May 09, 2013
But last Monday and Tuesday, I dove into leading programs headfirst with a beach ecology lesson for local first and second graders. Normally, CJ, my supervisor, would have had me shadow another ranger through a lesson before asking me to lead it myself, but this one was brand new for all of us, so we all gave it for the first time on the same day.
A note on leading a group of first and second graders around for an hour on the beach: Things don't really go according to plan. We got to the beach and broke up into three groups, giving the same(ish) lesson about 100 meters apart. So far so good. But it quickly became obvious that our careful planning about how long to spend on each location and activity wasn't a very good reflection of reality. With different groups of young'uns, each of the rangers had to go at their own pace to keep the kids engaged, and keeping close track of the minutes was out of the question. Instead, it turned into a loose game of follow the leader; I would stop to talk about plankton, or the intertidal zone, or this really cool sea snail that one of the kids found until I saw the group in front of me moving on to the next activity. Then I knew it was time to bring my group together for a wrap up and transition to the next part of the beach.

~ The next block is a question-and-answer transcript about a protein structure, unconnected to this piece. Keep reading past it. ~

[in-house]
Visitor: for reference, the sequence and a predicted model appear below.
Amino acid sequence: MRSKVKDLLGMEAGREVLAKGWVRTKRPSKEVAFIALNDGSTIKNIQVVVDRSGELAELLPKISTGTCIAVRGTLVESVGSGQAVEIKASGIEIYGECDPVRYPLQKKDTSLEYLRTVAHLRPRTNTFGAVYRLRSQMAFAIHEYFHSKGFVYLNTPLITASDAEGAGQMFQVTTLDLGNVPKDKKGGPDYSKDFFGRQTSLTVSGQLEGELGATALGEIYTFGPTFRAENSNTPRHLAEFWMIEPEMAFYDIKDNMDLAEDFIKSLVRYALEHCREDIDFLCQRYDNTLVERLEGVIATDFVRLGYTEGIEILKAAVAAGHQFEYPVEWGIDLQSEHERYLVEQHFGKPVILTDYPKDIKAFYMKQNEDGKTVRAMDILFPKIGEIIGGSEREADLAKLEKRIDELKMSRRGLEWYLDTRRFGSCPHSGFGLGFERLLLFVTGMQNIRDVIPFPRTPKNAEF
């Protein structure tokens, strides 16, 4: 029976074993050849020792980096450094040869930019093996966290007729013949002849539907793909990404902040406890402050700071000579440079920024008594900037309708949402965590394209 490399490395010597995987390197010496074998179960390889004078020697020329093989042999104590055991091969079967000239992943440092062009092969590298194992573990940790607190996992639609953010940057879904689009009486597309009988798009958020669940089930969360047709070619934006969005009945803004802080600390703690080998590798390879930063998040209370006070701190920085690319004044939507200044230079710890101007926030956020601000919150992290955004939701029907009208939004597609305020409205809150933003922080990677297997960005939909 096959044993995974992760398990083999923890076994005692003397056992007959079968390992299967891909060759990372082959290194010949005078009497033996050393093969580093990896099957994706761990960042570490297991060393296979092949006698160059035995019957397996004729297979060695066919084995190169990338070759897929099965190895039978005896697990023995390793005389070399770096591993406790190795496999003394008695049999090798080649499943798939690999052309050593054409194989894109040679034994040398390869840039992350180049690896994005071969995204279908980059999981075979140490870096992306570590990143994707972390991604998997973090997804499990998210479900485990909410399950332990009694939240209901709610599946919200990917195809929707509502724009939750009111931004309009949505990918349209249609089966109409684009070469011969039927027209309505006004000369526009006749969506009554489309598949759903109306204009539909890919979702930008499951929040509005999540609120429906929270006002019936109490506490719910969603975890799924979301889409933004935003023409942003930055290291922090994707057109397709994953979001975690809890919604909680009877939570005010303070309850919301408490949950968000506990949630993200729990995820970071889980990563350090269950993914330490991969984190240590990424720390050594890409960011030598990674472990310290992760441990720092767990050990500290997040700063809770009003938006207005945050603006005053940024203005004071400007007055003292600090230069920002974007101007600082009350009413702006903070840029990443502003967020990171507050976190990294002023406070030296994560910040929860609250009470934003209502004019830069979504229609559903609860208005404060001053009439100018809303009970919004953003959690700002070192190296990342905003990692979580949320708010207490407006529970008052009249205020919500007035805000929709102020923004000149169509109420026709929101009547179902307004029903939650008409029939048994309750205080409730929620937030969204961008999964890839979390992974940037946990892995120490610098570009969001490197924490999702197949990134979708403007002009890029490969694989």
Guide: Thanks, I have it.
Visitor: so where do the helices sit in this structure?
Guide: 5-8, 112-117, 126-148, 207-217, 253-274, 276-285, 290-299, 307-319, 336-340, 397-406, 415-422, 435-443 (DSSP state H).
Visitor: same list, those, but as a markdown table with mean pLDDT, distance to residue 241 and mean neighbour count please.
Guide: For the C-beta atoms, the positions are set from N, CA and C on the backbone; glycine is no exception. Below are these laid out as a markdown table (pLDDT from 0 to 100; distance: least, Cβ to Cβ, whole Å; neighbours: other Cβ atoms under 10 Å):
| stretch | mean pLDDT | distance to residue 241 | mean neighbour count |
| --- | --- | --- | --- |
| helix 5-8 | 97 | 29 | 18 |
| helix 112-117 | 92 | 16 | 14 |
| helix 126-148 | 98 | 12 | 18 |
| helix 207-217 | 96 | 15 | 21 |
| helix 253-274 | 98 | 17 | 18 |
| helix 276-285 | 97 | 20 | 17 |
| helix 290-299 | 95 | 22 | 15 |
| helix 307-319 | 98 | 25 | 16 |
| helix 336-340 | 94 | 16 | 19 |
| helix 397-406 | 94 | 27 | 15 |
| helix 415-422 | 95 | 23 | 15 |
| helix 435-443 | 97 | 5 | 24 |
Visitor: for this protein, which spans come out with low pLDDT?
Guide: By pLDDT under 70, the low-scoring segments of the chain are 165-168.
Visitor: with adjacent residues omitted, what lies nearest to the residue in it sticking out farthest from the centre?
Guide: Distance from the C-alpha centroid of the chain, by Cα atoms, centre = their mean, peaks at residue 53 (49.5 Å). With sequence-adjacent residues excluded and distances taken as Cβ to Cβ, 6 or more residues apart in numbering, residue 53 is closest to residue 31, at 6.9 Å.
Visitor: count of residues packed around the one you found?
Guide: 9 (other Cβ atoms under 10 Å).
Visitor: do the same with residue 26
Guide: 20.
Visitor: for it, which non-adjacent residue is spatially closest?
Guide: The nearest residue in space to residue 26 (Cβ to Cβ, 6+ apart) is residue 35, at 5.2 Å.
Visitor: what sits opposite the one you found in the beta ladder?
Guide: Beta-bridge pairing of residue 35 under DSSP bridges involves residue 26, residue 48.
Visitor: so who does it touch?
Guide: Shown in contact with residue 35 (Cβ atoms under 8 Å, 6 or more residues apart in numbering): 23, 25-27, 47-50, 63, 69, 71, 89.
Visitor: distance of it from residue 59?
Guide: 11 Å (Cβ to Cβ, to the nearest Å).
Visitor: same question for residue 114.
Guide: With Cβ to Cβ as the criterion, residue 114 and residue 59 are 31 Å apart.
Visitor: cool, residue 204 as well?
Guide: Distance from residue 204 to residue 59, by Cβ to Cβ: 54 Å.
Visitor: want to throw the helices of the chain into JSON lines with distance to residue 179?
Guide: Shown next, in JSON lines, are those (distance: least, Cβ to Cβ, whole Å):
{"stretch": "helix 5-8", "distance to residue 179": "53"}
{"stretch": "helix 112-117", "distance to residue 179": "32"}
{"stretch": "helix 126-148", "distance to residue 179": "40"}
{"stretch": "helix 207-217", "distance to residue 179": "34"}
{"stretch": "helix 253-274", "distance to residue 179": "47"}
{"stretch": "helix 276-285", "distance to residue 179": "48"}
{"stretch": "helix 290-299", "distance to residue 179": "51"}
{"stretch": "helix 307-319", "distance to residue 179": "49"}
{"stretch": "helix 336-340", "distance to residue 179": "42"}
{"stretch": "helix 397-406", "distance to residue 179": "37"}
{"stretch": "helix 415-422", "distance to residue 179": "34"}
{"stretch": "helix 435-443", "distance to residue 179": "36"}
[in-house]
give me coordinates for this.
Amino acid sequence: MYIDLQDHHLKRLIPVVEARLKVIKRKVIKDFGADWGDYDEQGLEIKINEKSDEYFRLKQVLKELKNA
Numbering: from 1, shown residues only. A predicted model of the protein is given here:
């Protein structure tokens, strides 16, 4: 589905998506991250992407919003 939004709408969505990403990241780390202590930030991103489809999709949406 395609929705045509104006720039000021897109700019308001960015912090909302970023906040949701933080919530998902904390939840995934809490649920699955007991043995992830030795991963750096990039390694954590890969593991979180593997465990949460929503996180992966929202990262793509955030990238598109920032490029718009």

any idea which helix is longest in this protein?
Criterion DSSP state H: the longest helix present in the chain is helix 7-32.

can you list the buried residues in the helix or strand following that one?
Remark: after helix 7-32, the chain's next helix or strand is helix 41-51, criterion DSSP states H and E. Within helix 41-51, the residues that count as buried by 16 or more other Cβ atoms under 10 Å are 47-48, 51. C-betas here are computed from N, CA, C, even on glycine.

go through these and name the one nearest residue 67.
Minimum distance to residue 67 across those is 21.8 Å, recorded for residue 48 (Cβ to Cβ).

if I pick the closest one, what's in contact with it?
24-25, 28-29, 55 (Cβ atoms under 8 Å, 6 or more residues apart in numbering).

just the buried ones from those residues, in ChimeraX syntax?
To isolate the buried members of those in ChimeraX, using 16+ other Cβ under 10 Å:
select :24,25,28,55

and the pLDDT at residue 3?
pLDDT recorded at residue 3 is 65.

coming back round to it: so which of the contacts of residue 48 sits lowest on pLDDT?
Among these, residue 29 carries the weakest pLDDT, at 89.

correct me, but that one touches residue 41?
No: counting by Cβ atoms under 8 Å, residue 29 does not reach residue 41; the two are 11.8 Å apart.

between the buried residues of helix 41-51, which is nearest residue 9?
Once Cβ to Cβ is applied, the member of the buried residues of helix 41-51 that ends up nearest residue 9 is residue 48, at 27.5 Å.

Another thing: I have a bachelor's degree in biology, and ecology is full of concepts that still make my head whirl for a good long while before I really understand them. Explaining ecology to first and second graders, then, is a unique challenge. We did our best to pick only the concepts that are most fundamental to understanding ecosystems, such as living vs. non-living things, and how living things need non-living things and other living things to survive. Still, it was a little bit much for an hour-long program and some of it ended up going over the kids' heads.
Even so, all of them learned a thing or two about ecosystems, beaches, and the critters that live there. More importantly, they had fun outside, practically in their own back yard.
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Did You Know?
Snowfall on the Harding Icefield can exceed 100 feet each year. After 4-10 years of compression snow turns into glacial ice.